Monday, January 25, 2010

The Rope that Binds

This weekend our family was meeting for a reunion - family means ten adult children (some of us are in laws) and two parents. Included in the activities was a gathering time to share stories of family history Each person was asked to bring a small token to symbolize his/her story. My husband was in charge of this evening.

What Jim thought about doing was creating a line/thread/rope of connection, not only in an emotional sense, but a practical representation. He found a half inch rope about 25 feet long, which he brought along. One person took one end of the rope. Another person on the other side of the circle held the other end, thus the rope was suspended across the circle. One person told their story and put the symbol on the rope with a Christmas ornament attachment. Thinking of time constraints, Jim first thought that only the person on the other end of the rope would be allowed to comment on the story, but it turned out that comments were free for all and it worked fine. When a speaker was finished, the rope moved to the right at each end - a speaking end and a receiving end, until the rope made it all around the circle. By the end 14 little items dangled off the rope giving us reminders of the family stories.

This isn't a complicated or expensive activity. Hearing the stories would have been lovely. Having the visual rope to visualize the binding added an additional component. Seeing how the family members creatively brought their "ornaments" to the occasion was a fun addition. We hung the rope in an appropriate location at the parent's house so they could enjoy and relive the evening for as long as they wanted.

Tuesday, January 12, 2010

Baby's Life Journal

I have made a journal for our grand daughter. The purpose is to give her a grandma's eye view of her life until she is 18. I started the book when she was born and each year I add 2 pages. I talk about what I remember of that year, add a photo of her and a sketch of mine. I hand made the book and was rather intimidated to start to the writing process, but I jumped in and told myself it would be what it would be. Maya was 3 recently and I sat back and enjoyed reading the previous entries. Maybe this book is for me, but I would like to think she may be excited to get it when she is 18.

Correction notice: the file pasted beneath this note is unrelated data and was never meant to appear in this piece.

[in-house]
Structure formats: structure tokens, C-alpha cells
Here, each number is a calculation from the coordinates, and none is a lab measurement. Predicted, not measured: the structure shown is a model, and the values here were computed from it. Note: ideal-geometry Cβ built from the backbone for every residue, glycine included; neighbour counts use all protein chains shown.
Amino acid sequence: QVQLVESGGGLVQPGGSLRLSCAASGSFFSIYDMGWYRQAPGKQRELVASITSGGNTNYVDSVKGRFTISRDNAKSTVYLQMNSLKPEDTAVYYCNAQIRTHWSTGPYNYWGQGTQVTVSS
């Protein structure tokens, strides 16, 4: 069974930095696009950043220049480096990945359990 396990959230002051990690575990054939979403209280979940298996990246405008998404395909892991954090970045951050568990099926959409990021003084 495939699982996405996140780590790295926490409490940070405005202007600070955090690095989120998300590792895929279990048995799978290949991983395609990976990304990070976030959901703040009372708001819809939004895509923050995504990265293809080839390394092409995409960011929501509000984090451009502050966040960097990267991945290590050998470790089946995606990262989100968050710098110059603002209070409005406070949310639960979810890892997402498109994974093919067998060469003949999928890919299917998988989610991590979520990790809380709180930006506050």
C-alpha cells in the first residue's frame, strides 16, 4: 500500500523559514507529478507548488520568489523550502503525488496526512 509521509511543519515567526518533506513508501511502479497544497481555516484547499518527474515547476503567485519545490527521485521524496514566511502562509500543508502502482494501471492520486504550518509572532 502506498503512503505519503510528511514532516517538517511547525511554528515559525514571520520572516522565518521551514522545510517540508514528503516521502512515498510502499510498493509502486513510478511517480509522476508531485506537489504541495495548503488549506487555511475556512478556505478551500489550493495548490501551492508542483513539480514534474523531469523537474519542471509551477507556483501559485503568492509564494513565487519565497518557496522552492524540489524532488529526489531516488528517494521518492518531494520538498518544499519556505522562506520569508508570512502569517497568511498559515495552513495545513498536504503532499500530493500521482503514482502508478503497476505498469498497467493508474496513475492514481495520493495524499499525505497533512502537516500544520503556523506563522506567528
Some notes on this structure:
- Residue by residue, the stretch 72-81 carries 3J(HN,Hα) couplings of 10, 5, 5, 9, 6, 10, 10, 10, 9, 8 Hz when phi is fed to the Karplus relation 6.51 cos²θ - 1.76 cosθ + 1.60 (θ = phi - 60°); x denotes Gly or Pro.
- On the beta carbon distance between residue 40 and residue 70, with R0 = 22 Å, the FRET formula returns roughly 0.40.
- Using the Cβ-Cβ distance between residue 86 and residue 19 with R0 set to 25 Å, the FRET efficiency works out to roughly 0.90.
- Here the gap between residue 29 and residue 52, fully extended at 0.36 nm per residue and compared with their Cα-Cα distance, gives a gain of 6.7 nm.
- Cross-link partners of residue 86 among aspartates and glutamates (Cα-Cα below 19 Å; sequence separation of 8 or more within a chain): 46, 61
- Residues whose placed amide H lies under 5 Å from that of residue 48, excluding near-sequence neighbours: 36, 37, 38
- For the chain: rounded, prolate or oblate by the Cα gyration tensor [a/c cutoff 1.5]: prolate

Maya is going to have a new sister or brother at the end of the month. I realized it was time to find another book for the new baby. If I have one for Maya, I had better do one for the new child. I have a friend who makes books. We have picked out the paper and she is putting it together so I will be ready to write the first entry when new baby arrives in a couple of weeks.

I wasn't thinking of creating meaningful moments when I first started this project, but it came to mind as I was planning on starting another. I love to think about the child as her birthday comes round each year. Meaningful moments happen as I think about the year. It seems like the book will be a treasure when it is done. I hope so. Meanwhile I will enjoy the process.

Monday, January 4, 2010

"P.S. I love You"

I recently read this book - "P.S. I love You" by Cecelia Ahern and was struck by the loving and creative energy that Gerry (the dead husband) put into thinking about Holly (his surviving young wife). I was amazed by Gerry's careful planning while he was dealing with the end of his life. How could he stay connected with Holly after he was gone? How could he help her make her way without him?

When folks like Gerry have the foresight, strength and time to think about their loved ones before passing on, there is potential to bridge the gap between the living and the dead. Each person's life journey is unique and is something that we can't necessarily plan for. Yet by reading a story like this, and being aware of the potential of staying connected, amazing opportunity may present itself.

Gerry left a bundle of letters for Holly, instructing her to open them monthly and gave her a task to do for each of them. He understood her so well that he instinctively knew what she might need to help her move through her grieving and on with her life.

What struck me most was Gerry's thoughtfulness and ability to think of a creative way to help Holly. This may be a novel, but it can plant seeds for a later time for each of us. Let's keep our hearts open for opportunity in any situation - even dying.